Motorcycle Jokes

An old friend of mine is at end-stage of a long bout with cancer. We both decided, years ago, that we weren’t going to join any pity parties and, if we were going to stay friends to the end we were going to carry on as usual. Some days, I don’t have much to say, but I’ve been making an attempt to write something to her every day or two. Sooner or later, she’ll stop writing back. If I’m lucky, her son will eventually tell me it’s time to stop writing. I’m not looking forward to getting that notice but I haven’t heard from her in a while and that’s not a good sign. She’s in California and I’m in Minnesota and we don’t have many friends in common. She’s cut herself off from most of the people she knows because they can’t talk to her like she’s not already dead or like her dying is the worst thing that could happen to them. I haven’t seen her son since he was a baby and, as far as I know, he might not even know I exist. So, on the days when I don’t have something worth talking about, I send her jokes. Usually politically incorrect jokes. If nothing else, someday the email address will bounce back on me.

. . .

It was only when I bought a motorbike that I found out that adrenaline is brown.

. . .

Yesterday I got stuck behind a young girl riding a horse. No matter what I did, I just couldn’t get past her. I was tooting my horn, and hanging out the window yelling at her. She still wouldn’t let me past. There was a guy on a motorcycle behind me and he was waving too. The road rage was building to the point of gun violence.

I was getting so wound up and frustrated. “It’s people like you who cause accidents!” I shouted.

Eventually, I just couldn’t take any more so I looked around to make sure the coast was clear . . . and I jumped off of the carousel.

. . .

This little old lady decides one day that she wants to join a biker club, so she goes down to her local club and knocks on the door. The door is opened by a big hairy biker with a beard, who’s covered in tattoos.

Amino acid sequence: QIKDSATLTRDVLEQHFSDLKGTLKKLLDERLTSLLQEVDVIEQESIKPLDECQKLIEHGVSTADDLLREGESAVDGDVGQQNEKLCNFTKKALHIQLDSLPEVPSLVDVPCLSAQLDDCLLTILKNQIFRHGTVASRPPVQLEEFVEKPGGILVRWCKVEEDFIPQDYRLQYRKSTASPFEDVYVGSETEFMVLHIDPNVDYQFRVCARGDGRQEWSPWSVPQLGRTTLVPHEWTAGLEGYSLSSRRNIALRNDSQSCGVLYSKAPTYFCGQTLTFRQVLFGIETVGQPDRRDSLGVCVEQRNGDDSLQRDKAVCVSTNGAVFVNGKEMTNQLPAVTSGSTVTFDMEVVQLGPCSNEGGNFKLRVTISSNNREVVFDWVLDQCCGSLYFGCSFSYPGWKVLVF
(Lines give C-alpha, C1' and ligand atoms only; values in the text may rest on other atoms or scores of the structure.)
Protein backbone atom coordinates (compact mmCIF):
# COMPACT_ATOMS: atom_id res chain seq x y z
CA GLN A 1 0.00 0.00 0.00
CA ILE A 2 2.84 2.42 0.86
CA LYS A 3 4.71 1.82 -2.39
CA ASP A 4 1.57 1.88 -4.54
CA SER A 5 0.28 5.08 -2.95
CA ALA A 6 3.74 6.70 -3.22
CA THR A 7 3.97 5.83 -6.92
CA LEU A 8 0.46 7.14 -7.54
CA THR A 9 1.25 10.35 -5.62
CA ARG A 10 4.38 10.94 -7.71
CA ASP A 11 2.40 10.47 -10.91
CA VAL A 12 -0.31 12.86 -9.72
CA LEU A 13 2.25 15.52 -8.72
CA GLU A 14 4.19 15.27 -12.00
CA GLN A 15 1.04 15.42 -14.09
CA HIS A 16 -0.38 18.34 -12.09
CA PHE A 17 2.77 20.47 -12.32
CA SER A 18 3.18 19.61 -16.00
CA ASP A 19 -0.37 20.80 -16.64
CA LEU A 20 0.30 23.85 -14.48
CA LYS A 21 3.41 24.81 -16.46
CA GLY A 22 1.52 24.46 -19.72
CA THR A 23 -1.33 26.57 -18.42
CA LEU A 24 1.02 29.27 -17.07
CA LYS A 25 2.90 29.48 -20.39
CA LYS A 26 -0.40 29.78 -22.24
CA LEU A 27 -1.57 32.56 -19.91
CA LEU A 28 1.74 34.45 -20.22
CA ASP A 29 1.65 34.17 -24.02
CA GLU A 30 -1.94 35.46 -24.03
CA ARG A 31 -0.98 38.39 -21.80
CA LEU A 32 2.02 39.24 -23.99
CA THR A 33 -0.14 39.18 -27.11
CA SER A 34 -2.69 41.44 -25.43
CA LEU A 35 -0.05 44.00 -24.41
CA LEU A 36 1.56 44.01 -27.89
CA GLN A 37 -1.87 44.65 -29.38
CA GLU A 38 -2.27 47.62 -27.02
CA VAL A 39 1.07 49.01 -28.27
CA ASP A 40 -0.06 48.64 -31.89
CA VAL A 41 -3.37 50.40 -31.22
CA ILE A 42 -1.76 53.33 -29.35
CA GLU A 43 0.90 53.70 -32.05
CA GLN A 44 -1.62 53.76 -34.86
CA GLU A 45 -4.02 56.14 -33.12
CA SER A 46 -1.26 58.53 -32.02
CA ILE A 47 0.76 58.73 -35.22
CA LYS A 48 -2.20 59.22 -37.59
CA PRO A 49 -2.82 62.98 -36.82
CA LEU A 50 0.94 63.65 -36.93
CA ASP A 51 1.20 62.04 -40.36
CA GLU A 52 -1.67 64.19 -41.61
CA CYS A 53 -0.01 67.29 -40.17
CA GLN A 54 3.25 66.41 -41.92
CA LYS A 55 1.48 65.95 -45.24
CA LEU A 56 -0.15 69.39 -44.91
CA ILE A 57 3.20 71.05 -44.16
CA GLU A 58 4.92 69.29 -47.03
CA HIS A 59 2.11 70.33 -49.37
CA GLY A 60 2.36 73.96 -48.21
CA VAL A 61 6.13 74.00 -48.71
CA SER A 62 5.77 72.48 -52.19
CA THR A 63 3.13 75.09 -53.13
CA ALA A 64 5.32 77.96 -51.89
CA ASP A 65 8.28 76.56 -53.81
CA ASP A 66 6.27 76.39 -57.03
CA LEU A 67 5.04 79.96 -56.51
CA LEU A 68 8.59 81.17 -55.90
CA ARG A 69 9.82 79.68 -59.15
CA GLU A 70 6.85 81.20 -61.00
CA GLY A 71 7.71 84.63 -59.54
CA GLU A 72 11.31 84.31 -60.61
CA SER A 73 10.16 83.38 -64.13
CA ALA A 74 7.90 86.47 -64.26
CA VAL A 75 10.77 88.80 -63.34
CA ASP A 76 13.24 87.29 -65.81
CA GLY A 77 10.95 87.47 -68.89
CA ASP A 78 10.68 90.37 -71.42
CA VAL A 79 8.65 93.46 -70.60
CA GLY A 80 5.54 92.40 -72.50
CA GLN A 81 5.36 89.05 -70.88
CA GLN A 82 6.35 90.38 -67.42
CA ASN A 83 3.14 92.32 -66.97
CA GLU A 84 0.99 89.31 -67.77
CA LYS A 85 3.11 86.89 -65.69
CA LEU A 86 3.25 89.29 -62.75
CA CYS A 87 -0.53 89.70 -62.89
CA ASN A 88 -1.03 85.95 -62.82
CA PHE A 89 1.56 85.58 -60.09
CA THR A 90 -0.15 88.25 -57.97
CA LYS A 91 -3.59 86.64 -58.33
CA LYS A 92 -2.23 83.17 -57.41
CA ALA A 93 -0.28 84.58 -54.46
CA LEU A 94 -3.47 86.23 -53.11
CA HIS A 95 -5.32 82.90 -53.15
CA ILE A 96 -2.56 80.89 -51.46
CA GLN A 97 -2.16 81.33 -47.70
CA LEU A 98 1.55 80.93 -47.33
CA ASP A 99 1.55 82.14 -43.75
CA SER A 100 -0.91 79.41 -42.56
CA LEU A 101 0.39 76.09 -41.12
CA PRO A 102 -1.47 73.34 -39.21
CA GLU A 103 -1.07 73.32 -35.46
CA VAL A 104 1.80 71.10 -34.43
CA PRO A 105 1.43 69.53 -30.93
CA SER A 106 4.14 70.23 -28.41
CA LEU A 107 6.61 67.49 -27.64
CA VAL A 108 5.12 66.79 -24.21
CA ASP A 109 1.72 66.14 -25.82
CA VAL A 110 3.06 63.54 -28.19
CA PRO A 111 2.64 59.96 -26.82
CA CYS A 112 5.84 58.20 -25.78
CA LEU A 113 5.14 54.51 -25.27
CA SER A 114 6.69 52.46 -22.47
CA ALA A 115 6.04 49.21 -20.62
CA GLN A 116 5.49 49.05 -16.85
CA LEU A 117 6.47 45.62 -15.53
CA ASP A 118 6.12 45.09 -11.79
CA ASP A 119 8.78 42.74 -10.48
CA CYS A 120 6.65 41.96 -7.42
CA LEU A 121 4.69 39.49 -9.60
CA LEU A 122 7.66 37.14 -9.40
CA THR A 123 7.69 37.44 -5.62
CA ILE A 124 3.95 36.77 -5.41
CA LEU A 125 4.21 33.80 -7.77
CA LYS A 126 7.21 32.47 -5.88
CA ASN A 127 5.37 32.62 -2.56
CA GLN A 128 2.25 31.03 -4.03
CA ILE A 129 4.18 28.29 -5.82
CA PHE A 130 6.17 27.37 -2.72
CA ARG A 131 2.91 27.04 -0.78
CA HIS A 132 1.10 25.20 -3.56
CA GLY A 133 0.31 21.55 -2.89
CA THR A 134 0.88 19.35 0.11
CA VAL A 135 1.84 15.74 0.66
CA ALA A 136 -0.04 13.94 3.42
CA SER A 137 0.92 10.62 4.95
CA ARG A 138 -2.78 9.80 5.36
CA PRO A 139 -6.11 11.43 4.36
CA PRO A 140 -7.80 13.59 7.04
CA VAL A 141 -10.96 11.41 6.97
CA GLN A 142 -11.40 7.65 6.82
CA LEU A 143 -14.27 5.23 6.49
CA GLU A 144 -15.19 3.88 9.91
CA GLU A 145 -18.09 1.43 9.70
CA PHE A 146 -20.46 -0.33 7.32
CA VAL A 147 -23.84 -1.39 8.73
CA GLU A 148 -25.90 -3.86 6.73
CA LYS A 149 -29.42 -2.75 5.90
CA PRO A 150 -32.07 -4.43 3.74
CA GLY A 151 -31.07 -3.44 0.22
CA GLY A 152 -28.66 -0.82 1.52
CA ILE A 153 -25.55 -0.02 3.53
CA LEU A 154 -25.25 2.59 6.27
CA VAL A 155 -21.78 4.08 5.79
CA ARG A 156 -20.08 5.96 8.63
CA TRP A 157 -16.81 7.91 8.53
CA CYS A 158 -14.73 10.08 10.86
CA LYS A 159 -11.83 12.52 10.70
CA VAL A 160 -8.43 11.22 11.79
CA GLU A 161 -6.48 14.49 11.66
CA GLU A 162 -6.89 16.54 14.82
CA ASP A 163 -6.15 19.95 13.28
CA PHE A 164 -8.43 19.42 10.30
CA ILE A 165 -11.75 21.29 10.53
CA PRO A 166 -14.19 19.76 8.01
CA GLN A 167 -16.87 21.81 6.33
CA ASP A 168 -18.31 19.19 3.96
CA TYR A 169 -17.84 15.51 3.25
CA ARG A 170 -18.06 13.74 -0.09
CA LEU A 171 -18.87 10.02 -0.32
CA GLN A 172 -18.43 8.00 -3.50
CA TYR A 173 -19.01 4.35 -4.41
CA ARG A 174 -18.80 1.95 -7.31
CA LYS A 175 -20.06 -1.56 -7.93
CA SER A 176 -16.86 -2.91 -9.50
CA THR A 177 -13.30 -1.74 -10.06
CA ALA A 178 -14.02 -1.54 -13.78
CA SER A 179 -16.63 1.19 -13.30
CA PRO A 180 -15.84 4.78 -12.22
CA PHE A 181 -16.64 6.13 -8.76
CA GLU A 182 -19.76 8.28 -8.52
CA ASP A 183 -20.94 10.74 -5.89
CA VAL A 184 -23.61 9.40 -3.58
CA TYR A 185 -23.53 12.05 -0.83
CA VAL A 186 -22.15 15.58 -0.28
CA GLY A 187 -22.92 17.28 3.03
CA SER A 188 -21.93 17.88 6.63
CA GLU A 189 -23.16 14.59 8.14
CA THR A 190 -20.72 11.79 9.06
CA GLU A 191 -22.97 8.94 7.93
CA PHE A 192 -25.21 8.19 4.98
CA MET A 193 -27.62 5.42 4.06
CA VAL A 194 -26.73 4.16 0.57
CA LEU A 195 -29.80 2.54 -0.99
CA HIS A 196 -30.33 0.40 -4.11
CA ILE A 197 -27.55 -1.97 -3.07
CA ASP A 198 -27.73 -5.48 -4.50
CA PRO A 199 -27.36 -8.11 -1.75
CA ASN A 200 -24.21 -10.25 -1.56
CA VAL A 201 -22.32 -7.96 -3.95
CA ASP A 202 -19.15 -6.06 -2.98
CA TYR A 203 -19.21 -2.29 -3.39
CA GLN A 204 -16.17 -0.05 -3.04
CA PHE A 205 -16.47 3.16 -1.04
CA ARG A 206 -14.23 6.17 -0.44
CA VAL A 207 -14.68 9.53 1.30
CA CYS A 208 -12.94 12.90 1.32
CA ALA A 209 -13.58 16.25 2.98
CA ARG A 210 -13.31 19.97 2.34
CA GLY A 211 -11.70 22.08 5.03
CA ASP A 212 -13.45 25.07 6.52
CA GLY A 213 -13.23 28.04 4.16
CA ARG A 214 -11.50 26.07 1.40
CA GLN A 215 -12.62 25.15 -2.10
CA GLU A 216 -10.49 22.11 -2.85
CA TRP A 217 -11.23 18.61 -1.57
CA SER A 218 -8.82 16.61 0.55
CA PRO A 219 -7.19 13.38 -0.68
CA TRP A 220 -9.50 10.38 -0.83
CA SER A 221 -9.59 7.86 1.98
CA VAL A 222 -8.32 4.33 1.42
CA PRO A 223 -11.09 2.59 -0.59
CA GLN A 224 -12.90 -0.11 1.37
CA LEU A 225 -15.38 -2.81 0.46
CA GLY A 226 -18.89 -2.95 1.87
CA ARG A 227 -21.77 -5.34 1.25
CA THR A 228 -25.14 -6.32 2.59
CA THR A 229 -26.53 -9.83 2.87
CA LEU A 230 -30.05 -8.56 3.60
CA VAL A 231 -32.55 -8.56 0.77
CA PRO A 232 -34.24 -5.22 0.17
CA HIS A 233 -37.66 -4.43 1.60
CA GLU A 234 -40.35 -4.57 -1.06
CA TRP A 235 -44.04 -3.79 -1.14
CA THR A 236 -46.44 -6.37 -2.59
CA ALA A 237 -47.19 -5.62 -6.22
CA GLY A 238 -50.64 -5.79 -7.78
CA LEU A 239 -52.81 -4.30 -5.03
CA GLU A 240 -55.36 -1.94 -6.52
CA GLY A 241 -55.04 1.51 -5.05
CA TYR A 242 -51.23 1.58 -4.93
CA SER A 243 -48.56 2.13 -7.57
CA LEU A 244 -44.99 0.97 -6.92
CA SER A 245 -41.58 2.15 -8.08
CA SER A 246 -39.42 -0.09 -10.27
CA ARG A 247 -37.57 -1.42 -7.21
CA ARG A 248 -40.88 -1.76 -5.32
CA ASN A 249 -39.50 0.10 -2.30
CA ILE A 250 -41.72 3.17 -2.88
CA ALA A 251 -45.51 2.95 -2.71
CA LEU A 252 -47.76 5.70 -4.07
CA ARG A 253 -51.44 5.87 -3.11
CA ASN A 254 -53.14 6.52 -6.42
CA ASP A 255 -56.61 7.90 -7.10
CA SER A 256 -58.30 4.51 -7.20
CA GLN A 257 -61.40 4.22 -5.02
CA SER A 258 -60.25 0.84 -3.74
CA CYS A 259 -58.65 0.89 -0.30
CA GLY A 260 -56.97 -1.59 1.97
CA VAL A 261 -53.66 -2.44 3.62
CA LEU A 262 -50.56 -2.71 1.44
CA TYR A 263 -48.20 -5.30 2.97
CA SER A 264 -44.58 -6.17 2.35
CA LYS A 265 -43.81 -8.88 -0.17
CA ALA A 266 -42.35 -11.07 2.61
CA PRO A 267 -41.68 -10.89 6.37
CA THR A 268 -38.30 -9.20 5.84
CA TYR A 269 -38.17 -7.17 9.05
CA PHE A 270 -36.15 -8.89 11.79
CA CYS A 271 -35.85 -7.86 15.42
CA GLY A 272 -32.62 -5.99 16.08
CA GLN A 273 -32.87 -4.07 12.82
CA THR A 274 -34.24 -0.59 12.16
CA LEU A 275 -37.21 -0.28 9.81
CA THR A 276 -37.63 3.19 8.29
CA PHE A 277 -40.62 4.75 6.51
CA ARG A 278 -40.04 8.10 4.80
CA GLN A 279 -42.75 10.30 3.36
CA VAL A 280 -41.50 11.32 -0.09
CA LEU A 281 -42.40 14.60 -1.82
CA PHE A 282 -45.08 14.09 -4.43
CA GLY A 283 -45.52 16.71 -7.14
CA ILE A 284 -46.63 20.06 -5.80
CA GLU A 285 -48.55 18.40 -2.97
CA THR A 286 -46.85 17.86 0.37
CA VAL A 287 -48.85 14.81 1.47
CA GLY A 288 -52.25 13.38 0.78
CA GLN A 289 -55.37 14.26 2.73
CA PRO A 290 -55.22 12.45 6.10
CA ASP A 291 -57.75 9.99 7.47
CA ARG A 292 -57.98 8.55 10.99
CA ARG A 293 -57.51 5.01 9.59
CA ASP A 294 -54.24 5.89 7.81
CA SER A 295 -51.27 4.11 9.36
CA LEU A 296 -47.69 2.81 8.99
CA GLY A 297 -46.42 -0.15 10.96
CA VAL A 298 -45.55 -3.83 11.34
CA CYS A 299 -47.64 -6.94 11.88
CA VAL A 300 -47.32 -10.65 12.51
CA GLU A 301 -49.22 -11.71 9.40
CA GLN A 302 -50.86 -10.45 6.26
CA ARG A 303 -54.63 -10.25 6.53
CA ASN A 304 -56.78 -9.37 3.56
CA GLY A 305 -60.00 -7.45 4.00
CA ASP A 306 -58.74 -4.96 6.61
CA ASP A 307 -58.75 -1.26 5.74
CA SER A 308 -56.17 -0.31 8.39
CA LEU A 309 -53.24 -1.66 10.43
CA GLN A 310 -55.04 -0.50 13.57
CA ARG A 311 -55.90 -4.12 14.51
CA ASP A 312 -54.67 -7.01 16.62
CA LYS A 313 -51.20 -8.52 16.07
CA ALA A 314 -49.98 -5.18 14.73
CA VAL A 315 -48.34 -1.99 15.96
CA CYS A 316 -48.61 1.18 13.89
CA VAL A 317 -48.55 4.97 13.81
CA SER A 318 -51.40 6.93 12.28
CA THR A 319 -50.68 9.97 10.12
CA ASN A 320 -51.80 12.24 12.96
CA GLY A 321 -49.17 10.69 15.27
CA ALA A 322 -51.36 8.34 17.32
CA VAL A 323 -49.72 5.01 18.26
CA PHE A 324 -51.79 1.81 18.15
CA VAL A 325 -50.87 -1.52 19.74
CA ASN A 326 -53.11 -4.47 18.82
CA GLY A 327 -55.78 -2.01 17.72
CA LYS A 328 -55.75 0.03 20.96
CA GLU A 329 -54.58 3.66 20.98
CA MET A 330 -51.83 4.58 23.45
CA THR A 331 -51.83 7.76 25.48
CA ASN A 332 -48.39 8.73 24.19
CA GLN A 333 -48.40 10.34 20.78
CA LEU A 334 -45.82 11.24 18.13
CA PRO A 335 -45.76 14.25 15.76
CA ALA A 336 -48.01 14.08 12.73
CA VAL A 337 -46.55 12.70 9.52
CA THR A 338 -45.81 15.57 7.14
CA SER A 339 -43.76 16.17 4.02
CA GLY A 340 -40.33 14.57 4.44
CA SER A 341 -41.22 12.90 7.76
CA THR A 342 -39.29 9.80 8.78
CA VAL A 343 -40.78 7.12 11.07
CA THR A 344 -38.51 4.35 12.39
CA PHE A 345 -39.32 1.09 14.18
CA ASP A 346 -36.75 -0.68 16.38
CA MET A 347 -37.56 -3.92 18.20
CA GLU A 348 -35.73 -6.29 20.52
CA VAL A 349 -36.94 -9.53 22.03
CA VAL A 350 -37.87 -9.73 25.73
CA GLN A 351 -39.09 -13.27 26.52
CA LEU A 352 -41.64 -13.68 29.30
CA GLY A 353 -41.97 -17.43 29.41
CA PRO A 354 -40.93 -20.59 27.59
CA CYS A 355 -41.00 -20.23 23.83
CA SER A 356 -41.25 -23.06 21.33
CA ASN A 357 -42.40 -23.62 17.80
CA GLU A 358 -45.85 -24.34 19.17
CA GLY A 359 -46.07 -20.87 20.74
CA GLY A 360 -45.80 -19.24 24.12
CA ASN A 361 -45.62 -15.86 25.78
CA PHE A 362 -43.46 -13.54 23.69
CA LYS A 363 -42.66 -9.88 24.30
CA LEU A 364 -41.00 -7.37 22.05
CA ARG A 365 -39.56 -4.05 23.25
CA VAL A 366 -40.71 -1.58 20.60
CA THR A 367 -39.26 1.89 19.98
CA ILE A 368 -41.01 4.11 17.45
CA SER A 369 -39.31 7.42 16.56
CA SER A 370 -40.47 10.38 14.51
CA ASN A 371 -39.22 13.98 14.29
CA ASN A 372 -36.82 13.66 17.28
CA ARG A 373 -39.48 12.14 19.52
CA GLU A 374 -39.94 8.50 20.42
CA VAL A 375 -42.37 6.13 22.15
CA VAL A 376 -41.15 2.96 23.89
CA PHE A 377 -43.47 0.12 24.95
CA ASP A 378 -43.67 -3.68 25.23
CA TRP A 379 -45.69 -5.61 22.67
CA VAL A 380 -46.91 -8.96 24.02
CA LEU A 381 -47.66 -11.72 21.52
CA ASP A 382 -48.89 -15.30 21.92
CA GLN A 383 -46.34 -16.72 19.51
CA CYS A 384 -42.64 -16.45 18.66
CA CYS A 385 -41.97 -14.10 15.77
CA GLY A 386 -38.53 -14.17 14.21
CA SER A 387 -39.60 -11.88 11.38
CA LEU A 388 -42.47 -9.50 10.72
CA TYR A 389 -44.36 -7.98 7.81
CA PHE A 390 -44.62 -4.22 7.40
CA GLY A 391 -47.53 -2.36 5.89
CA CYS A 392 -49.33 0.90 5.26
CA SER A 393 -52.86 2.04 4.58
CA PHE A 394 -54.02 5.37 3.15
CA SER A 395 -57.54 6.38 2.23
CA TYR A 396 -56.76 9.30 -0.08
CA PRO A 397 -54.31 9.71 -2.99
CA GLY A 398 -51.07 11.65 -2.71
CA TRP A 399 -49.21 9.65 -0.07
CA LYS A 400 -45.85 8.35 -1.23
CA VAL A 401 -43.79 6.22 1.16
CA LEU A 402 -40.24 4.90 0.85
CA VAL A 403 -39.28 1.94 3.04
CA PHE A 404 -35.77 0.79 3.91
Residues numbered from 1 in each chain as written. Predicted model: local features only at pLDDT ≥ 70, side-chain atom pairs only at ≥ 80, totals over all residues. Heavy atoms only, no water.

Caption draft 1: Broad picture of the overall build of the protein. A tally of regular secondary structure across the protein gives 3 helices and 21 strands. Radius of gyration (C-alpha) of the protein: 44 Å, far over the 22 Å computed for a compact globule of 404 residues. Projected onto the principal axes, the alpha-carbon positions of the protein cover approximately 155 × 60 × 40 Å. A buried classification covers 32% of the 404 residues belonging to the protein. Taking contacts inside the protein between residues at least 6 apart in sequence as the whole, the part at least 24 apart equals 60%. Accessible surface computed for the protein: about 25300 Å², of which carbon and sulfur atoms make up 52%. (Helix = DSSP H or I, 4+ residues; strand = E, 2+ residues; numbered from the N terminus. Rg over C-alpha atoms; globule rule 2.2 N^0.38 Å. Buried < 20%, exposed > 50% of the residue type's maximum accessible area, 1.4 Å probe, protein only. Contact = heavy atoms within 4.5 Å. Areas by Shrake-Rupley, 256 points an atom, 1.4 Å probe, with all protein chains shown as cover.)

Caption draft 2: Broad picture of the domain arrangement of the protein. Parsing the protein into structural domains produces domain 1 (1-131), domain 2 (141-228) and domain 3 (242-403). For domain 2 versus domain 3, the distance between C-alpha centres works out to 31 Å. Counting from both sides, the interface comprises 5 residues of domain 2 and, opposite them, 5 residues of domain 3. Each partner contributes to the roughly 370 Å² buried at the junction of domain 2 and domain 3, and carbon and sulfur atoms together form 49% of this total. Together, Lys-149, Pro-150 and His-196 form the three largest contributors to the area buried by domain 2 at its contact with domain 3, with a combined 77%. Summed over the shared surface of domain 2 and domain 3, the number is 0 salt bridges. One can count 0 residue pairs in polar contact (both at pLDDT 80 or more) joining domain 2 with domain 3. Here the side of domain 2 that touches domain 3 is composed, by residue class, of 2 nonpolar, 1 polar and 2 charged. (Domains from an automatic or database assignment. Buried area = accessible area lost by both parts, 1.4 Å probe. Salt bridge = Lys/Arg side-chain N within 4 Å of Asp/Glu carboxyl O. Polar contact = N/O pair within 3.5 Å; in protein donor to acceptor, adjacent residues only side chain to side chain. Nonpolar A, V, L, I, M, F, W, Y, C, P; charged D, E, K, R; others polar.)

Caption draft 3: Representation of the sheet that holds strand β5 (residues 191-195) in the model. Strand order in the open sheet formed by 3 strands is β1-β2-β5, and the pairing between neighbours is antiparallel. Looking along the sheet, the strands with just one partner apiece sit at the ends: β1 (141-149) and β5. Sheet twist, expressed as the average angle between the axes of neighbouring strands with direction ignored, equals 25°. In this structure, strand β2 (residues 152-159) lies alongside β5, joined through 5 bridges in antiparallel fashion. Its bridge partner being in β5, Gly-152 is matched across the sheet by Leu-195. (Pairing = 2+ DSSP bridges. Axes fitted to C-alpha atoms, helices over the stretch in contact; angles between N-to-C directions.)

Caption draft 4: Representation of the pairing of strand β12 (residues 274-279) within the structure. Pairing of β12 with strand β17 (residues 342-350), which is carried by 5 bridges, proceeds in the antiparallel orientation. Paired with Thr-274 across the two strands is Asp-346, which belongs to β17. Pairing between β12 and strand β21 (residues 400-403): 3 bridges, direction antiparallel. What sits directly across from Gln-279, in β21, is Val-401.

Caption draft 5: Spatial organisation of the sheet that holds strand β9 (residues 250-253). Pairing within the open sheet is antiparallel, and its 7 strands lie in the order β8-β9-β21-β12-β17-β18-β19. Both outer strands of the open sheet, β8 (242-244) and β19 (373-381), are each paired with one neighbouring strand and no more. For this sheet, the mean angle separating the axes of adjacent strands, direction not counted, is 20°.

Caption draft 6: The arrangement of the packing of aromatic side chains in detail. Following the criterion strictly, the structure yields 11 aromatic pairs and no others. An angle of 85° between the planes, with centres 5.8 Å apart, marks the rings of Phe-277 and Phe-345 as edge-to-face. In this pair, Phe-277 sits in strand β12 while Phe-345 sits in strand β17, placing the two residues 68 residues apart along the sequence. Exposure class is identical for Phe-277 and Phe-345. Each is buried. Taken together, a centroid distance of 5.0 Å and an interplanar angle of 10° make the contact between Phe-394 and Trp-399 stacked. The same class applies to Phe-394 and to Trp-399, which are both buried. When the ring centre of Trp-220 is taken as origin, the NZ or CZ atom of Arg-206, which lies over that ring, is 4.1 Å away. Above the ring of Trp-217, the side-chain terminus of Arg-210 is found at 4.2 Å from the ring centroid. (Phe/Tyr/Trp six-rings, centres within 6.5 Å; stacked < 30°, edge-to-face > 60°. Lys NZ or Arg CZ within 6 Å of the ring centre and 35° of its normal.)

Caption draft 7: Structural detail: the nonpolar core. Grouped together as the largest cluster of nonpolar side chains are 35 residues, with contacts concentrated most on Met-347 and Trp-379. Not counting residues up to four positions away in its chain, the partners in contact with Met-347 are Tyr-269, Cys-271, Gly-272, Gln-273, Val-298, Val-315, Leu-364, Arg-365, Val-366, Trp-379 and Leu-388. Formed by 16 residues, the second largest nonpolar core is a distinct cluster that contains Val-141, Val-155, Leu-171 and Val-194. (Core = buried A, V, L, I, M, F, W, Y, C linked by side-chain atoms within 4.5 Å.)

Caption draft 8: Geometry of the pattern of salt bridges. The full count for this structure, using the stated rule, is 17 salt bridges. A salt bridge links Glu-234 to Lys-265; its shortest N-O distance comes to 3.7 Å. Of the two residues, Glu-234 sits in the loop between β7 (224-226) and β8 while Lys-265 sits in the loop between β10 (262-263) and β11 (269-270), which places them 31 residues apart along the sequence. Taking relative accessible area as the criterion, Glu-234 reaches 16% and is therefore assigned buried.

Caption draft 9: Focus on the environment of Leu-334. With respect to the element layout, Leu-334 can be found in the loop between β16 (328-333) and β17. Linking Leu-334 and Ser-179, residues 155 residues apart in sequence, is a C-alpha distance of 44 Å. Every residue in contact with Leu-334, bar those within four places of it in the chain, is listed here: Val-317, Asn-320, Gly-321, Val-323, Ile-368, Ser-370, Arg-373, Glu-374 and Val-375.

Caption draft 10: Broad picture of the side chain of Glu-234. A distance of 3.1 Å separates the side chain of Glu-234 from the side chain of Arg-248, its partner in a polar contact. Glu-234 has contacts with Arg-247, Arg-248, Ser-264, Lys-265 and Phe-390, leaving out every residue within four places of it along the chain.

“I’d like to join your club,” says the little old lady.

The biker is amused by this and decides to play along, telling her, “Ok, but you’ve got to meet the requirements first. Do you have a bike?”

The little old lady points to a Harley and says, “Yeah, that’s my bike there.”

The biker is surprised but says, “And do you smoke?”

The little old lady says, “Yeah, I smoke 20 cigarettes a day and when I’m shooting pool I’ll smoke a few cigars too.”

The biker is impressed and says, “And have you ever been picked up by the Fuzz?”

The little old lady says, “No, but I’ve been swung around by the nipples a few times.”

. . .

I kept telling my brother to be careful while he was out riding his motorcycle, but he wouldn’t listen. And of course, one day he fell off.

I went to visit him in the hospital and he said to me, “I… di…

“Did….

“Did… n… wu….

“I… din… war… yu…”

I interrupted, “You can’t say ‘I didn’t warn you?’”

. . .

Like that.

Life sucks, then you die. Goddamn it.

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Keeping up with the Japanese

I’m wrestling with an essay for MMM on motorcycle safety training. Mostly, writing about this subject is kicking my ass because there is so little actual information about the only thing that matters in motorcycle training: the outcome/effectiveness of training. It’s no secret that I believe motorcycles are a doomed mode of transportation and it shouldn’t be surprising that I believe the problem is that our favorite vehicle is primarily a hyper-dangerous toy and that licensing for the use of this vehicle on public roads is a joke. The fact that so many “riders” believe the DMV “test” is “impossible to pass on a real motorcycle” ought to be absolute proof that most of the characters on motorcycles are incompetent as riders and not all that bright as human beings.